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Today's Top Stories - Friday, August 24th

Corelle to Invest $50M in Steuben County:


Empire State Development announced Thursday that Corelle Brands LLC will be investing $50 million in Steuben County.  The company plans to modernize its manufacturing facility, known as the Pressware Plant, in Corning.  They will renovate two production tanks, activate a third tank, and put new products on the market for the company’s flagship Corelle kitchenware brand.  Corelle currently employs nearly 600 people.  To encourage the company to move forward with the investment, Empire State Development offered a package of performance-based incentives of up to $9 million.  The Steuben County Industrial Development Agency also offered incentives of over $546,000, and NYSEG is said to be “providing significant support.”    



Denison Park Pool Closed for Remainder of Season Following Incident:


The Denison Park Pool in Corning will be closed for the remainder of the season following a filter malfunction Thursday afternoon.  The incident happened just after 3 p.m.  The malfunction caused a higher than normal concentration of pool chemicals to be released into the water.  As a precaution, patrons were instructed to leave the area and some were transported to area medical facilities.  Director of Recreation Alex Hamilton said closing the pool will allow staff to assess the situation and make repairs. 



Wellsville Man Wanted in “Facebook” Case Found in S. America:


Paul Ceglia, the Wellsville man who in 2015 fled to escape charges he faked a 2003 contract with Facebook Inc.’s Mark Zuckerberg, is now in custody in Ecuador.  The 45-year-old has been missing, along with his wife, two sons, and dog, since March 2015, when U.S. marshals forced their way into his Wellsville home and discovered he’d cut off an ankle bracelet.  Ceglia is awaiting trail on fraud charges in New York.



Construction Grants for Local Libraries:


Public libraries across the area have received state construction grants. About $3,400 is headed to Dormann Library in Bath to upgrade the existing network and install newer technology. The Cohocton library will be able to replace some windows for the $11,000 it will receive. The big winner is the Pulteney Free Library. A $202,000 grant has been awarded for infrastructure and concrete work on the library’s new building. The area legislators said the grants are awarded through New York’s Library Construction Grant Program, which received $24 million in the 2017-18 state budget.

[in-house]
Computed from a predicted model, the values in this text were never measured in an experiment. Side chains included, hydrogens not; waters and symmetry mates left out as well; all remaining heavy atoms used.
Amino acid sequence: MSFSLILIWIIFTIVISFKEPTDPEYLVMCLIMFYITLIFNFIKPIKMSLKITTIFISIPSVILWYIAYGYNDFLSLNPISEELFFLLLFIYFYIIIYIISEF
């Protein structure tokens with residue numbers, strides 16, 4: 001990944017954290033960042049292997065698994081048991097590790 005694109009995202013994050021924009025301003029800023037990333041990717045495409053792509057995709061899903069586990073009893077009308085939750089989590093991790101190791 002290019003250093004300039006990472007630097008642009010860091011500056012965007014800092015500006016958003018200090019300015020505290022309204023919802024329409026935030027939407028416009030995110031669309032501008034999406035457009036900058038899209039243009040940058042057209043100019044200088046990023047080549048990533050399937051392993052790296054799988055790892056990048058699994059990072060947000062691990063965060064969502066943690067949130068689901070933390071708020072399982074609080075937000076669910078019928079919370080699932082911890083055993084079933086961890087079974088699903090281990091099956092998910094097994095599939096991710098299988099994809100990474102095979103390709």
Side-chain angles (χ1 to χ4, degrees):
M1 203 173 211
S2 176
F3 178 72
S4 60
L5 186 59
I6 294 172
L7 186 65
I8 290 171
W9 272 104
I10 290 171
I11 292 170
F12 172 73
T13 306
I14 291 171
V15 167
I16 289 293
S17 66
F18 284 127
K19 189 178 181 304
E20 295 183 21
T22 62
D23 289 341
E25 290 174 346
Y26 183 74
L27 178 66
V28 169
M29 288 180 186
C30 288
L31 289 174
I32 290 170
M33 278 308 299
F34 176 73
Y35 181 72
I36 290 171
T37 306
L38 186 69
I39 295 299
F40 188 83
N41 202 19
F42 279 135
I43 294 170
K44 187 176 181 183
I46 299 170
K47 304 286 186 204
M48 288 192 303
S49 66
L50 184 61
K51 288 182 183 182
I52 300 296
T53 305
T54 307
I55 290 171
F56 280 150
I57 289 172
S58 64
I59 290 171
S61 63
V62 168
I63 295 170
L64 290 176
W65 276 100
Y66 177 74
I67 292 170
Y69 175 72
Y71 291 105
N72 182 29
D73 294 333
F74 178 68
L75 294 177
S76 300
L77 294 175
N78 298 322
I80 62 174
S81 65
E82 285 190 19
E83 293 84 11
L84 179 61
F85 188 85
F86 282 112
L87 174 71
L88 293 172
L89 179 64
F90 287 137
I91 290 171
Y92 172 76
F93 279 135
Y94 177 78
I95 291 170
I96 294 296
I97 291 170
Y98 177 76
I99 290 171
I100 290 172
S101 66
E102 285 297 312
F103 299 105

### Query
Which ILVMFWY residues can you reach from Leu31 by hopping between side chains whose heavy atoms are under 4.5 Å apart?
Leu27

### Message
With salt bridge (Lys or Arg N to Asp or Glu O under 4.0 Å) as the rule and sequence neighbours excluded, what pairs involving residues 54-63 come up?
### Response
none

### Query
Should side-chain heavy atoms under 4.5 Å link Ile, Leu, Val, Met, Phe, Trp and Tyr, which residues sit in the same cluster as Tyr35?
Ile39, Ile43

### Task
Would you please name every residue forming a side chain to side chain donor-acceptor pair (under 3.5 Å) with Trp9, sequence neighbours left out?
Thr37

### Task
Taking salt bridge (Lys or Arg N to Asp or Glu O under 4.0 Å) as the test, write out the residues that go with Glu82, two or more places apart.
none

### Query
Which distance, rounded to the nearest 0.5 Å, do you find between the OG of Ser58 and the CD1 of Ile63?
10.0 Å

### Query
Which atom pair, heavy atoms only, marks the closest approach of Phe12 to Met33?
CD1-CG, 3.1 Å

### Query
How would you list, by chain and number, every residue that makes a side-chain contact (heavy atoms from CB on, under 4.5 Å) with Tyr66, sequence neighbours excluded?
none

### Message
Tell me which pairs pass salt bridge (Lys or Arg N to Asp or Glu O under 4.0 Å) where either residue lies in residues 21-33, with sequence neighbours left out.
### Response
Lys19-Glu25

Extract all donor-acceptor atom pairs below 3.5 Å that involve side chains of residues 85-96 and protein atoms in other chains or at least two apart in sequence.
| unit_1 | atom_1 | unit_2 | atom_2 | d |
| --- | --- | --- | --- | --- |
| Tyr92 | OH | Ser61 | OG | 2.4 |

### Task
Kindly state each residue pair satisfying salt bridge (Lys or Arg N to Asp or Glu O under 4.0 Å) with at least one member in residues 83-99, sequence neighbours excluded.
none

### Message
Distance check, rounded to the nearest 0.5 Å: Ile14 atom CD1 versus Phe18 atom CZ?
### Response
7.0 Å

Steuben Public Works Employees Recognized for Service:


More than 80 members of the Steuben County Department of Public Works were recognized with certificates of appreciation Monday for their service to county residents.  The workers were honored for milestone dates ranging from 10 years up to the 40-year anniversary of Building Maintenance Mechanic Steve Flaitz.  The group represents more than 2,200 hours of combined service.  County Public Works Commissioner Vince Spagnoletti said the Public Works crews work to ensure the safety of county residents and that he’s proud to work with them.



Governor Signs Legislation to Protect Pets:


Governor Andrew Cuomo signed legislation Thursday designed to protect pets from being abandoned during an eviction.  The law requires officers executing a warrant of eviction to check the property for pets and to coordinate the safe removal of animals with the evictee.  When an eviction order is executed, a marshal takes possession of the property within the evictee’s premises and stores the items for a specified amount of time, and then allows the evicted tenant to later retrieve the items.  Previous law did not distinguish between the treatment of a couch and a pet, which could result in the abandonment of pets.  The law signed Thursday addresses the oversight to help ensure the safety and care of pets.



Steuben OFA Looks to Increase Attendance at New Cohocton Dinner Club:


The Steuben County Office for the Aging, in partnership with ProAction of Steuben and Yates and local residents, hosted a new Senior Dinner club on August 16th in Cohocton.  Now, county Office for the Aging Director Patty Baroody said organizers would like see the new dinner club become a regular focal point for lunch.  She said they “need to know there is enough interest and participation to keep it open.”  The next luncheon is set for noon, September 20th at the First Presbyterian Church in Cohocton.  Reservations are required by calling (607) 776-4310.

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